Have you ever been in a situation when you need a very specific tool (or a tool adaptation) that doesn’t exist, but its existence would make your task easier? Probably you would think about that tool’s specs, and if you were really into it, probably you would create a prototype with some materials available in your house. Nowadays there is another alternative: print it.
I use this idea in my former work where I designed customized tools for people with physical disabilities, principally for people with fingers amputations or reduced mobility due spinal cord injury. This work started as a project which objetive was searching for applications of 3D printing in a clinical environment.
The idea of designing tools for people with disabilities already existed inside the hospital, occupational therapist created tools by hand with different materials like thermoplastics, fabric and metal pieces. But the usage of 3D printing could allow to occupational therapist focus more on rehabilitation, while leaving the fabrication of the tool to the printer.
I worked with a physiatrist, an orthoprotesist and an occupational therapist, and continuous patient’s feedback. Each one of us contributed from our own fields to the design, creating a unique solution that mixed knowledge and experiences from each of us. I was in charge to transform these ideas in a CAD design and finally, in a product. As a mechanical engineer this was a good opportunity to put in practice all the knowledge I have about design. Among the most important things that were always in my mind:
- Before start, identify the problem and possible solutions. You should correctly identify the problem and determine if the creation of a tool is the best solution. Sometimes patients can achieve a task that couldn’t perform after the accident with therapy. Furthermore, if it’s decided that a tool is the best solution, you should compare the advantages and disadvantages with other options different to 3D printing.
- You will need to iterate, even in some cases starting all over again.
- You will need to address patient expectations. Because you are going to be designing something new, there is a risk of not being able to find a proper solution.
- Think about using other materials. For example in the case of the thumb prosthesis, the main structure was 3D printed, but I also added silicone on the tips, and metal pins on the joins. You can also use a 3D printed mold to shape other materials as resine or silicone.
I designed tools for the patients, but there are also a lot of models of several tools and assistive technology available for free on internet on webpages like Thingiverse (search keywords like AssistiveTech, disability, occupational therapy). I also search for inspiration on hackaday.io, a website with different projects and ideas.
I really love the idea of having the opportunity to help others with my designs, and is great to see how knowledge can grow if you share it. You can find my designs on Thingiverse (link).
I truly believe that 3D printers offer the opportunity to find solutions to necessities so specific that there are no companies that create exactly what you need. Nowadays you can buy at accesible prices a 3D printer on websites like Aliexpress or Ebay, or you can just search on Google if in your city there is a place where you can print, like a makerspace or company that offer 3D printing services.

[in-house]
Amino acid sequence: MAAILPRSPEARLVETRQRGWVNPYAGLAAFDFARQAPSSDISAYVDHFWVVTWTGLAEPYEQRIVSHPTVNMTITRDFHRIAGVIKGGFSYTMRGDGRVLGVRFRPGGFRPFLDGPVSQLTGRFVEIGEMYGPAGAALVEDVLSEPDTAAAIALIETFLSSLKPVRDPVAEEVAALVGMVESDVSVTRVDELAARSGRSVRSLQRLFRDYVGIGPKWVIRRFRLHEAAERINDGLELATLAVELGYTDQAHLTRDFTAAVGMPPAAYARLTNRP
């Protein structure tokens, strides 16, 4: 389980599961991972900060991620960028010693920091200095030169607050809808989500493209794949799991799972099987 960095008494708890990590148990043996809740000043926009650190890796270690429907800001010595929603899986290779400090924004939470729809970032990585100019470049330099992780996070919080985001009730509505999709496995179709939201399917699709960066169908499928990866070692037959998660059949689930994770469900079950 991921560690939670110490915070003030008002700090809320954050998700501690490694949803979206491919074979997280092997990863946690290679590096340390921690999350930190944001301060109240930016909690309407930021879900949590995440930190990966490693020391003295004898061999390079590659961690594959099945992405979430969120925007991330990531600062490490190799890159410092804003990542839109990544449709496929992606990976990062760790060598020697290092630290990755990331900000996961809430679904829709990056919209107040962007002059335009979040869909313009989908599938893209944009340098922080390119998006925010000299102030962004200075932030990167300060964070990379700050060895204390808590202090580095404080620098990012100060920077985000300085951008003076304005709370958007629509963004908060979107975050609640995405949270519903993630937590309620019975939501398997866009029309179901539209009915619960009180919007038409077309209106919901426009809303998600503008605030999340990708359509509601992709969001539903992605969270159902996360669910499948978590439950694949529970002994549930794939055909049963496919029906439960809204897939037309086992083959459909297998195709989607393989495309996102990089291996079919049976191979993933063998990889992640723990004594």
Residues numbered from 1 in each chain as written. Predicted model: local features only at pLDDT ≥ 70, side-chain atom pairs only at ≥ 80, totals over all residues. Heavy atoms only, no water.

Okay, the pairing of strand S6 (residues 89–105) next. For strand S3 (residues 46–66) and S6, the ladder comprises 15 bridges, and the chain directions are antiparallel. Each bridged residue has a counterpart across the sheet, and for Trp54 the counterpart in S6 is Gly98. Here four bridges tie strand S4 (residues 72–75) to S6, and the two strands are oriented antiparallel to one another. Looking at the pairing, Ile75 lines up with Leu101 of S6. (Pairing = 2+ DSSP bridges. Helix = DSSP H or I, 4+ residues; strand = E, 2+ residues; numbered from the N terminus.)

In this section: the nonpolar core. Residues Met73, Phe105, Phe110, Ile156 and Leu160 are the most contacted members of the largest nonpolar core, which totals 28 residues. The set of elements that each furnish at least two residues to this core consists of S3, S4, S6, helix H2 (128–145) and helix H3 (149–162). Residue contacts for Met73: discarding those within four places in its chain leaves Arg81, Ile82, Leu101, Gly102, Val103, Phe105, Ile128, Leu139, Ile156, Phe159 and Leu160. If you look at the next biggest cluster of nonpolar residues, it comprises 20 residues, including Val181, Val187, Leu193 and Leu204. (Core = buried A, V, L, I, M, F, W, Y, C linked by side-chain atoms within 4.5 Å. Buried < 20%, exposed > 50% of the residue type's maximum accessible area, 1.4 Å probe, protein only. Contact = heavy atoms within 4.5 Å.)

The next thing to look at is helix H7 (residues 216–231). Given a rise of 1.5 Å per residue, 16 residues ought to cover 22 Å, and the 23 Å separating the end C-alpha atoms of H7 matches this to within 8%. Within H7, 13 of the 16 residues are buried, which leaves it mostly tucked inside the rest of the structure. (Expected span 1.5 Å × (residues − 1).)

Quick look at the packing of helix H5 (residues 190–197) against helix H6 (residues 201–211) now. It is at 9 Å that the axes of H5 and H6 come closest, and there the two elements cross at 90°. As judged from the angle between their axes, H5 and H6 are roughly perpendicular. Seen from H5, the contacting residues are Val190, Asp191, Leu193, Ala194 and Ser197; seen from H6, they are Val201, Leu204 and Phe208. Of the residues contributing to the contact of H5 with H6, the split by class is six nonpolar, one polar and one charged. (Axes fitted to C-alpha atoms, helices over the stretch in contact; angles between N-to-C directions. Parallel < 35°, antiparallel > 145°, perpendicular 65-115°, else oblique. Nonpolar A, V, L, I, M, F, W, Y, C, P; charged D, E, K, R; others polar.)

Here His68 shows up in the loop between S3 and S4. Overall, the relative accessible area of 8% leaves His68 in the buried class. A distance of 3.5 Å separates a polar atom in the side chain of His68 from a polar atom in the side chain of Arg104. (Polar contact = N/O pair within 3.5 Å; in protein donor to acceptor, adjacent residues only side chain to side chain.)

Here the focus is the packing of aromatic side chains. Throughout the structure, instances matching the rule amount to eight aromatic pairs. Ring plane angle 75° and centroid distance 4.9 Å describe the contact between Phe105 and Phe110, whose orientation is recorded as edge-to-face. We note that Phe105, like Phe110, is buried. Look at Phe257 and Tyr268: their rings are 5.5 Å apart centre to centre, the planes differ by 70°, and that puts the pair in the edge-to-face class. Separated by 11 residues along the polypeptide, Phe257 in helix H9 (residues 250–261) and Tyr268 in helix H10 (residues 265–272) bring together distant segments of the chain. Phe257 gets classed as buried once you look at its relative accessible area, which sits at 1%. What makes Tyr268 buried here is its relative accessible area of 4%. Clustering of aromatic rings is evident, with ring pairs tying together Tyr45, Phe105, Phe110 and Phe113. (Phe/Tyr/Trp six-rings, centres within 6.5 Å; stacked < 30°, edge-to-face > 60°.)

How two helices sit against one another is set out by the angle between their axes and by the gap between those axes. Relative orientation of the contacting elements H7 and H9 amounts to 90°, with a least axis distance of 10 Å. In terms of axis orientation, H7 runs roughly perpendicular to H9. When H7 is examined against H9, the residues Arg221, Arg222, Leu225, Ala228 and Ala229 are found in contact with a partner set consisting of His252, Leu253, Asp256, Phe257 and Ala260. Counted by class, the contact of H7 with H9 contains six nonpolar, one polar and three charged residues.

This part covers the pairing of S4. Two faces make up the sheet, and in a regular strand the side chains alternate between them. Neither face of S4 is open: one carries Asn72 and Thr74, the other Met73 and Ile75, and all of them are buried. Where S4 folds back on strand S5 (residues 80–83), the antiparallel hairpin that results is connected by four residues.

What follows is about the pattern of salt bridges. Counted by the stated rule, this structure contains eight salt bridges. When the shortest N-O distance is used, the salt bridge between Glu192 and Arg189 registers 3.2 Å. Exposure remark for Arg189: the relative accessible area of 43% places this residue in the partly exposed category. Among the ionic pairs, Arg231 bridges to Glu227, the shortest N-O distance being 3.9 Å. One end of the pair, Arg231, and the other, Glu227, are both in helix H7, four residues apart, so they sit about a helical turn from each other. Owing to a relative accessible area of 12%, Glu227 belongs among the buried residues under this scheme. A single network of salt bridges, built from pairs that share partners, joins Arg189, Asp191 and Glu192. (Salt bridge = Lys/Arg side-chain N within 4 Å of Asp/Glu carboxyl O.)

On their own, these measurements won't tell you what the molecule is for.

Advantages of 3D printed tools
- Good looking product
- Easy replication
- Washable, since it can be clean with soap or bleach
- Highly customizable (You can resize a .STL file, or you can design it with CAD software)
Disadvantages and how to address them
- Printed pieces sometimes aren’t resistant enough. This probably will happen if your design have delicate parts. You could solve it by changing the design, changing printing direction, or trying to create your tool mixing other materials with 3D printing (for example critical pieces made of metal, or an external shell 3D printed with a metal reinforce that can be placed after printing)
- Sometimes printers don’t work as expected. Despite in theory 3D printers are easy to use (you just need print a computer model (.STL file) that would be ready in a couple of minutes or hours), you will have to learn how to face printing problems. This problems are for example: temperature or speed configuration, loose bolts, or an open window that affect the room’s temperature.
You can find some trouble shooting guides in
Software I used
I developed my designs in Inventor and Solidworks, because those where the CAD software that I learned to use in my university, but there are several free software that you can use, some of my recommendations are:
It has the same tools of a typical CAD software. I found particularly useful the option of “create forms”, that allow me to create more organic shapes.
It’s free for hobbyists and students.
This is not a software for drawing as in a CAD program, but it is still useful for 3D printing. It allows you to modify the “Mesh”, that is, customize .STL files (the ones you download) through operations like Drag-and-Drop, cut, etc.
If you download or you create your own design, you will end with a .STL file. It must be loaded in a printing software that tells the printer where to move, temperature and speed.
This is a non-free software, but is the one I used. What I like is the option of customized supports.
As a free option you can use “Makerbot print”
Printer I used
I used a FDM printer. This is the cheapest technology that allow you print different kind of polymers. I printed everything using just PLA.